A high-quality pathway for academically weak students

Today, we push nearly everyone to college, even those who did poorly in high school, for whom college is unlikely to be the best way to spend their years and money. America needs a major apprenticeship initiative like those in Germany and England: a partnership between schools and employers that creates a high-quality experience for high schoolers whose track record indicates they’re more likely to succeed in a practical curriculum than by deriving geometric theorems, deciphering the intricacies of Milton or applying quantum mechanics.

In the meantime, what to do?

Higher education’s glacial pace of change, despite years of withering criticism, does not portend major improvement in the offing. So what’s the current crop of would-be college attendees to do?

Attending college should not be a fait accompli. If you did poorly in high school or are burned out on academics, you’re likely to join the almost half of college freshmen who don’t graduate even if given six years. So you might want to consider a noncollege path. For example, while not ideal, America does have a system of apprenticeships. Or try to work at the elbow of a successful, ethical business owner or nonprofit executive. Or consider the military: It offers training in a wide range of career fields. Or take just a gap semester or year to refresh and edify yourself in the real world before starting college. Try some focused traveling—for example, visit elementary schools in different areas and keep a blog. Or start a simple business. Even if it fails, you will have learned much about entrepreneurship, organization, people and life.

A College Report Card

If you are planning to attend college, you’ll make a wiser choice if you ask each prospective school’s admissions office for the following information, which collectively make up what I call the College Report Card:

  • Results of the most recent student-satisfaction survey.
  • The most recent report by a visiting accreditation team (for a college to retain accreditation, a team of experts periodically visits for a few days and writes a report listing the identified strengths, weaknesses and recommendations).
  • The four-year graduation rate.
  • The average four-year student’s growth in writing, analytic reasoning and mathematical reasoning (many institutions use a standardized exam like the Collegiate Learning Assessment).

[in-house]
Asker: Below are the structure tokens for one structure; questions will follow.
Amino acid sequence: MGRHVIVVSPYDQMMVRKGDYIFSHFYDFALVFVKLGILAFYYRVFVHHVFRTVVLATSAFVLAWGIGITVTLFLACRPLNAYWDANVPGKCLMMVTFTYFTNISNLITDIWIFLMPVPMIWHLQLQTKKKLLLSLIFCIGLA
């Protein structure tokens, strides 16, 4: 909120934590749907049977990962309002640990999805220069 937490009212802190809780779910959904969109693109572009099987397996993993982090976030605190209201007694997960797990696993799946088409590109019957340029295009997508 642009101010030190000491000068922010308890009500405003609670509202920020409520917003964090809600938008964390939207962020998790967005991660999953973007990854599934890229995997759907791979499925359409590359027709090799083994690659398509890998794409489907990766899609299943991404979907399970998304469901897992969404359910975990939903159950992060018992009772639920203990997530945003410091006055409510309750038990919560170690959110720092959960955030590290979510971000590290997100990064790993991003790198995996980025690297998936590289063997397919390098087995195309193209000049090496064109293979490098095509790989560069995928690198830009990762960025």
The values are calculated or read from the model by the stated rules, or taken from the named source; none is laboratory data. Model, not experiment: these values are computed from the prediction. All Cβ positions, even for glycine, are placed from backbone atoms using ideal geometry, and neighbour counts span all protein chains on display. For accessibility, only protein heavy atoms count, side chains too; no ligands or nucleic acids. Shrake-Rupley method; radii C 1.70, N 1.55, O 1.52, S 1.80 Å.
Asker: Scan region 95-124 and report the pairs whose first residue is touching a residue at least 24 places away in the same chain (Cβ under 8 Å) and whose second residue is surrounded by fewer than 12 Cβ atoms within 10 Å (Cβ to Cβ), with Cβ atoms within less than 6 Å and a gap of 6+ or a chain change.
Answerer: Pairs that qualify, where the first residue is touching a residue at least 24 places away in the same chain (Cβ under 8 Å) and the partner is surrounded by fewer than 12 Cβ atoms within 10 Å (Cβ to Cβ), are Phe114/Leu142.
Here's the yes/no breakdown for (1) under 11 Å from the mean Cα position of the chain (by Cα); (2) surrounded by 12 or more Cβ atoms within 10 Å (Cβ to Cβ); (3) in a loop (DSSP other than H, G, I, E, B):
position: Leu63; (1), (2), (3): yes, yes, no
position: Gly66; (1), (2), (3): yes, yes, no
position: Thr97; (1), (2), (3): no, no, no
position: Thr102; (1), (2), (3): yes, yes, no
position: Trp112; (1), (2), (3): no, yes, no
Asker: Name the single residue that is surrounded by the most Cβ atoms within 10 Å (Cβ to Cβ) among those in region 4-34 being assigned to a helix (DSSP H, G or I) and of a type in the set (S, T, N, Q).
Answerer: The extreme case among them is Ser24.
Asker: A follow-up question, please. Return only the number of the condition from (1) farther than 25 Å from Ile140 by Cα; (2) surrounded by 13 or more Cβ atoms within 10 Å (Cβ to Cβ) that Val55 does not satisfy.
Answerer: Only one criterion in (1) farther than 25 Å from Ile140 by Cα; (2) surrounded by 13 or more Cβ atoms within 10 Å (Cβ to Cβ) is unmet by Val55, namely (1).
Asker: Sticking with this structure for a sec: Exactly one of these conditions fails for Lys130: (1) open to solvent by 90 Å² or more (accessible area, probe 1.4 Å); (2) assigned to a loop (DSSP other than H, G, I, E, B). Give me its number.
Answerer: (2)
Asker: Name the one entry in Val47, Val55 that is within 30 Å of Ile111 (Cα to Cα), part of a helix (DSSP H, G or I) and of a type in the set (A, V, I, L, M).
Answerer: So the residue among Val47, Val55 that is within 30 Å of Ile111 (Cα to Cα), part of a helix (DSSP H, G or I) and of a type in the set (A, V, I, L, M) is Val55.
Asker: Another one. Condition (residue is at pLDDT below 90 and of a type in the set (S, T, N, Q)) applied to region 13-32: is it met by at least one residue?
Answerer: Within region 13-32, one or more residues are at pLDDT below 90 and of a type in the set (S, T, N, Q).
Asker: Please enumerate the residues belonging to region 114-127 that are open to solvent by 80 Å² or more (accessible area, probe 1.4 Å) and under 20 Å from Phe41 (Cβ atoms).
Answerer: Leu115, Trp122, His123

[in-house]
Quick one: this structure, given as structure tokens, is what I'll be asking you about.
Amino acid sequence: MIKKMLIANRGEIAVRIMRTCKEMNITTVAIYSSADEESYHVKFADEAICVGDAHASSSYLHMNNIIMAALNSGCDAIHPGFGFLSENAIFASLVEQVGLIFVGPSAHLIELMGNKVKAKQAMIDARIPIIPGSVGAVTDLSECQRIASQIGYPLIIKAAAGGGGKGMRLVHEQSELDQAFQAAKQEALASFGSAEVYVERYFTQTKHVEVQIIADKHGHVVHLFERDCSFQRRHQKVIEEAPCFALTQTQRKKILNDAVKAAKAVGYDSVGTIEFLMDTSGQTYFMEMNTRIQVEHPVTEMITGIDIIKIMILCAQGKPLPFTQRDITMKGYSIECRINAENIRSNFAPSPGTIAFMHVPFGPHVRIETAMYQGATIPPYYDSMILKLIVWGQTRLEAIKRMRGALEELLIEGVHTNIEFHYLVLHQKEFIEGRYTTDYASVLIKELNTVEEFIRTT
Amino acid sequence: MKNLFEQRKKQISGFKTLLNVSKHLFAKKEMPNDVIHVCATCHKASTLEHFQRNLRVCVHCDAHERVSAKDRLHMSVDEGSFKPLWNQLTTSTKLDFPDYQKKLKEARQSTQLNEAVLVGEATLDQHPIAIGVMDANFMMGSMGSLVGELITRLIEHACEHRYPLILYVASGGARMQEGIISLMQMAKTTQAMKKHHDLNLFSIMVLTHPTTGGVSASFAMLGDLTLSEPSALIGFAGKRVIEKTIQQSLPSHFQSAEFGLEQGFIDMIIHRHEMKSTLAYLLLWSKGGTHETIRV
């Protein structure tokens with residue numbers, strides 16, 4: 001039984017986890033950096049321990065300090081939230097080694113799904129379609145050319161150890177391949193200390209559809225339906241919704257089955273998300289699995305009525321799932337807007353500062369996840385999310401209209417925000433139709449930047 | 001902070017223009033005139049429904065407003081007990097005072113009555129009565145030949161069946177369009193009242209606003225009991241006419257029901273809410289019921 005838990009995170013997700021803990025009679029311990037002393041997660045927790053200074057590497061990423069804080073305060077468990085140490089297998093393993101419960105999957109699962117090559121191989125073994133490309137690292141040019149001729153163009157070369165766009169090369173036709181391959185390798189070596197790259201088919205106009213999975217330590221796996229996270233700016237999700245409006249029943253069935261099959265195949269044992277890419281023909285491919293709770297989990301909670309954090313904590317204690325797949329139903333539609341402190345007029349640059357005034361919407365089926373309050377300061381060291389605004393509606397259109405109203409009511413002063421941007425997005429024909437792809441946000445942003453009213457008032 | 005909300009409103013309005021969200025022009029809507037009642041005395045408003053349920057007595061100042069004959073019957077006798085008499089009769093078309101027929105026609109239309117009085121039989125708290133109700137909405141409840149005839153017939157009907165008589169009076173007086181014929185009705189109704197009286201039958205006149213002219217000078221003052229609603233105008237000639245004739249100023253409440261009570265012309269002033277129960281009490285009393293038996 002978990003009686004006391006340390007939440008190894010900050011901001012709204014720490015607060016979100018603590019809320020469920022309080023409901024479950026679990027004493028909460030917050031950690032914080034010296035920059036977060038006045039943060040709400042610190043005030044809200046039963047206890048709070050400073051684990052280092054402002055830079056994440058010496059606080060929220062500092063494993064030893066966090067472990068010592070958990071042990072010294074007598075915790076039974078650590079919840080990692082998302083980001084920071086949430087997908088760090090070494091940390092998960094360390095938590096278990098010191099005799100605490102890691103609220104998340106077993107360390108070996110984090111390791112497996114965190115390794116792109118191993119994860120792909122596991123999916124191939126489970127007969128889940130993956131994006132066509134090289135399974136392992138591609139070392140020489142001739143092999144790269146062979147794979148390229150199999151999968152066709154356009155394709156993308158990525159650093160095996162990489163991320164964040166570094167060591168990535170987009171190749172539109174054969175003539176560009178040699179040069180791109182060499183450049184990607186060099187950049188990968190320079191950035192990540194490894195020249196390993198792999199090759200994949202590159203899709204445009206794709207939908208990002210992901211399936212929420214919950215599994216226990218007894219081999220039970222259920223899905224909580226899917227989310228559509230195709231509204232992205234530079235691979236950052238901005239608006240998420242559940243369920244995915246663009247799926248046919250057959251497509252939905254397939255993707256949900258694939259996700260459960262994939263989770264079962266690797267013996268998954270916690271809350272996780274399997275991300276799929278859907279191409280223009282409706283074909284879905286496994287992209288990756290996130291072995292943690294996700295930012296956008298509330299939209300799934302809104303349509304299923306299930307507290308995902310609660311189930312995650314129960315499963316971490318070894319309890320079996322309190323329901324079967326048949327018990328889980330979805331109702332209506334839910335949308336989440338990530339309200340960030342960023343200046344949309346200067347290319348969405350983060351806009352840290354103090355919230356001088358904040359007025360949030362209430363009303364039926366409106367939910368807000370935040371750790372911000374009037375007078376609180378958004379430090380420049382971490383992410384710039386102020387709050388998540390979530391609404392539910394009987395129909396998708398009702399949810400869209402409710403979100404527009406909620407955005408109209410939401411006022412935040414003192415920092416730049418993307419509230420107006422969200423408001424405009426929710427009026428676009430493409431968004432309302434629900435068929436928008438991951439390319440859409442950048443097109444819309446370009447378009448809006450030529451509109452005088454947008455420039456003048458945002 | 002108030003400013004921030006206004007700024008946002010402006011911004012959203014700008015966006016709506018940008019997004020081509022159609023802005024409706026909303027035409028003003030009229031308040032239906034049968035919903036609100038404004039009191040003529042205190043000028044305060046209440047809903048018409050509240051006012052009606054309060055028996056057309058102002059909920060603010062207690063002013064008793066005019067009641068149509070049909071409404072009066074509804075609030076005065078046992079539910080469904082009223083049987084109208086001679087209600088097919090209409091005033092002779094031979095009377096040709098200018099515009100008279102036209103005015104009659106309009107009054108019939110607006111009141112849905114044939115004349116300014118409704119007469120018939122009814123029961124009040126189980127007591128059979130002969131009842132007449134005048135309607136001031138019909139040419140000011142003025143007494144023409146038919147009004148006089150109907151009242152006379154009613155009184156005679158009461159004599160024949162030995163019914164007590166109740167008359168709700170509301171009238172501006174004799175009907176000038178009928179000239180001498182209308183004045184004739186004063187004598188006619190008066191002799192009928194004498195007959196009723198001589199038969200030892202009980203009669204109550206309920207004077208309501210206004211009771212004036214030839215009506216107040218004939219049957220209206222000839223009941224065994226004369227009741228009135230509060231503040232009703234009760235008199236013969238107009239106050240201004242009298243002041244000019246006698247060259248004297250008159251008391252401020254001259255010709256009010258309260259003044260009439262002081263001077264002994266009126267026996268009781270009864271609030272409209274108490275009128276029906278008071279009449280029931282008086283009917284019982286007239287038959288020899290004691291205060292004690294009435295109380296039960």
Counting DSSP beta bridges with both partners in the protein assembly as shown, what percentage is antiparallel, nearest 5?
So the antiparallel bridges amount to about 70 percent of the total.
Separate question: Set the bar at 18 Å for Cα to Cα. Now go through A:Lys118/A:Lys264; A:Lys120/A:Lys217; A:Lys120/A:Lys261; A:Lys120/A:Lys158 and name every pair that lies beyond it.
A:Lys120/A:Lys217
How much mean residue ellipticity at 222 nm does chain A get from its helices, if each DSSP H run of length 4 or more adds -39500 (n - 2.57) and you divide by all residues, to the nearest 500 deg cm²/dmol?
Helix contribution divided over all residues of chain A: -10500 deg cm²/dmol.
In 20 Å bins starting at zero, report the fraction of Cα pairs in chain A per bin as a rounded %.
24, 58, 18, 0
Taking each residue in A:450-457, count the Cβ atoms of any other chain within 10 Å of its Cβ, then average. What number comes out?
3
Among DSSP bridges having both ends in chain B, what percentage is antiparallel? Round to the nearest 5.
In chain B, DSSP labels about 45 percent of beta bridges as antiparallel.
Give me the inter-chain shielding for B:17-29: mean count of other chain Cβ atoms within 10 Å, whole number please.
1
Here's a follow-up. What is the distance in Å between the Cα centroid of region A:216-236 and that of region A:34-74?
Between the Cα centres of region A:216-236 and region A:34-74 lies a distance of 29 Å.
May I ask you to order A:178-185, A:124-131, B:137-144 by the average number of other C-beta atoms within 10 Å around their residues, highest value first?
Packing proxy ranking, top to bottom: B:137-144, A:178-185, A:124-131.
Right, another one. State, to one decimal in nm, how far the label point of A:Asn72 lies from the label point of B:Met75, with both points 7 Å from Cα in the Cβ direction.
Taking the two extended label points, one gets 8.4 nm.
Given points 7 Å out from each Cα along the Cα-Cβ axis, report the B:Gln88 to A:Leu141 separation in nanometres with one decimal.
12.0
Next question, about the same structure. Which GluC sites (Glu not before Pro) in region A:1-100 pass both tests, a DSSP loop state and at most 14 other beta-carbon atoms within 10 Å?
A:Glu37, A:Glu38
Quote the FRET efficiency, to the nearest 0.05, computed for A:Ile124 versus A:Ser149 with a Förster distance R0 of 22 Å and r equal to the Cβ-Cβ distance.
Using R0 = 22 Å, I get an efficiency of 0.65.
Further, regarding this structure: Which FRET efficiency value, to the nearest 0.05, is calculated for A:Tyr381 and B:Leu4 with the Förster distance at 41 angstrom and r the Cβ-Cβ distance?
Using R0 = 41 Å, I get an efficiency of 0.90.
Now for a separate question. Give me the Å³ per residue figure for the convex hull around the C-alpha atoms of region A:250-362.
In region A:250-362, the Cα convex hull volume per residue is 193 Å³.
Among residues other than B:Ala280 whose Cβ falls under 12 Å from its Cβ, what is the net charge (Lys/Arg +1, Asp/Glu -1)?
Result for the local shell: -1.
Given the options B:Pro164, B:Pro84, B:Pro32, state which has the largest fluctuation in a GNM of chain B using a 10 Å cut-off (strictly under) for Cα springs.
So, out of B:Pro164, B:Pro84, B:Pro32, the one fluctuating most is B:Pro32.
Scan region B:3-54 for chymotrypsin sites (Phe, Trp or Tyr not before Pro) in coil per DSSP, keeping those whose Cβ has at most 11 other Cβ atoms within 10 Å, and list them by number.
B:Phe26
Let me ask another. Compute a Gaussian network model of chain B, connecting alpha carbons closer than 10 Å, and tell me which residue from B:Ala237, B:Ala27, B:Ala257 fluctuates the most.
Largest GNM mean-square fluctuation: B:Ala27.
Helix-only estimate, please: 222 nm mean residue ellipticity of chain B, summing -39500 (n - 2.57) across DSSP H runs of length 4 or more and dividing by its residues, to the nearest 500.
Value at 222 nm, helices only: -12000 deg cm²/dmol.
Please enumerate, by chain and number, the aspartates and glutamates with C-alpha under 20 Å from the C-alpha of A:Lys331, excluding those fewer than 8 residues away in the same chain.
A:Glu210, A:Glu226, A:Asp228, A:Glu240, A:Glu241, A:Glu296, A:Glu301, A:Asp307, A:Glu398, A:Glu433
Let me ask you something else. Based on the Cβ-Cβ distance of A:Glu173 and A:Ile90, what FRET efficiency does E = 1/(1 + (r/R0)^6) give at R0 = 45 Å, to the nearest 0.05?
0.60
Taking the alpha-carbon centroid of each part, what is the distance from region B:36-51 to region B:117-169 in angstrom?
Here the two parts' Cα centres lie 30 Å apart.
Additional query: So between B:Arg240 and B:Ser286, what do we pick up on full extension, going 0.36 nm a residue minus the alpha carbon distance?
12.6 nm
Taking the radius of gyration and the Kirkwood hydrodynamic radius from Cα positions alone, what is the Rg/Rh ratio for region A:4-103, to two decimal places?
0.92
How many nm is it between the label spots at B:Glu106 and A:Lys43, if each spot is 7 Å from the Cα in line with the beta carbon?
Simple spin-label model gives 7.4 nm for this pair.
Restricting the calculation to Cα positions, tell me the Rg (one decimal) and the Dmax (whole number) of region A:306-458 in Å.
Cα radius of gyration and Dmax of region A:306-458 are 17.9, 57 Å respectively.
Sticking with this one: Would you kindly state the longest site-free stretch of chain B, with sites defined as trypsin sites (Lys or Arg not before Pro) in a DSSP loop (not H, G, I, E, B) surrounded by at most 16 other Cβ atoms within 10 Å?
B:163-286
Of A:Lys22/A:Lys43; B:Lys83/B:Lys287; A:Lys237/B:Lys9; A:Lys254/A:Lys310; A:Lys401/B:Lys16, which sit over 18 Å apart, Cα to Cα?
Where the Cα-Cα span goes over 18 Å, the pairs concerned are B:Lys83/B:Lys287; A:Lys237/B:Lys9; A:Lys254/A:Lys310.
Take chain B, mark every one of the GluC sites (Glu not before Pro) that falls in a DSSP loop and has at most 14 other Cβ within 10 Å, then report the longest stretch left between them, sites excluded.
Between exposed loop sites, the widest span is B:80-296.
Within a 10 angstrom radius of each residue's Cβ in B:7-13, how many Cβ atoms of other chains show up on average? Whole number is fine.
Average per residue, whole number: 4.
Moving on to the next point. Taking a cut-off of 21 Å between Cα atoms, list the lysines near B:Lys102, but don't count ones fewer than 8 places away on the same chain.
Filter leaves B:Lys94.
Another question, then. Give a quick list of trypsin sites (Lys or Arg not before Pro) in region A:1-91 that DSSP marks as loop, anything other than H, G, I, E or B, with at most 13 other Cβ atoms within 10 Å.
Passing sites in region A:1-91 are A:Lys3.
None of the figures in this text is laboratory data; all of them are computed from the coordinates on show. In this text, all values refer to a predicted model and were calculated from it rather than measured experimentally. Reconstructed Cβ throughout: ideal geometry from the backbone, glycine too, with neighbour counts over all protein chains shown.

• The percentage of students who graduate with their intended major who are professionally employed or in graduate school within six months of graduation.

It would be a consumer boon if the government mandated that all colleges post the College Report Card on their home page.

We claim that American higher education is the world’s best. Like many claims, it deserves closer examination.

Marty Nemko is an award-winning career coach, writer, speaker and public radio host specializing in career/workplace issues and education reform. His writings and radio programs are archived on www.martynemko.com.

Read next: The War on Teacher Tenure

TIME Ideas hosts the world's leading voices, providing commentary and expertise on the most compelling events in news, society, and culture. We welcome outside contributions. To submit a piece, email ideas@time.com.

TIME Education

Harvard Professors Say New Sex Assault Policy Is ‘Stacked Against the Accused’

Letter to university signed by 28 well-known academics

More than two dozen current and former Harvard Law School professors asked the university to reverse its new, more stringent sexual assault policy, arguing in a letter published Tuesday that the new rules unfairly disadvantage students accused of misconduct.

The new policy, which took effect this fall, includes a provision that requires a “preponderance of evidence” to determine whether sexual assault occurred and creates a university-wide Office for Sexual and Gender-Based Dispute Resolution to handle misconduct complaints like harassment and rape, the Boston Globe reports.

It was announced after the U.S. Department of Education said in May that the Ivy League university was being investigated for its handling of those and similar claims.

The letter, which was signed by 28 well-known academics, alleges the new guidelines “are overwhelmingly stacked against the accused.”

Harvard disagreed in a statement Tuesday, saying the new guidelines “create an expert, neutral, fair, and objective mechanism for investigating sexual misconduct cases involving students.”

[Boston Globe]

TIME Innovation

Five Best Ideas of the Day: September 30

The Aspen Institute is an educational and policy studies organization based in Washington, D.C.

1. China’s real battle is for the hearts and minds of Hong Kong. And China is losing.

By Rachel Lu in Foreign Policy

2. California’s new ‘Yes means yes’ consent law is an important first step toward ending America’s campus sexual assault epidemic.

By Robin Wilson in the Chronicle of Higher Education

3. The English language makes it harder for students to learn math.

By Sue Shellenbarger in the Wall Street Journal

4. Long lines at polling places dampen turnout and disproportionately hit poor and minority communities. States must devote the resources to making voting work.

By Chris Kromm in Facing South

5. To direct financial aid where it is most needed, colleges should focus on first-generation students.

By Tomiko Brown-Nagin in TIME

The Aspen Institute is an educational and policy studies organization based in Washington, D.C.

TIME Ideas hosts the world's leading voices, providing commentary and expertise on the most compelling events in news, society, and culture. We welcome outside contributions. To submit a piece, email ideas@time.com.

TIME Education

Why Women’s Colleges Are Opening the Door for Men

Student working at desk in library
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An effort to stop declining enrollment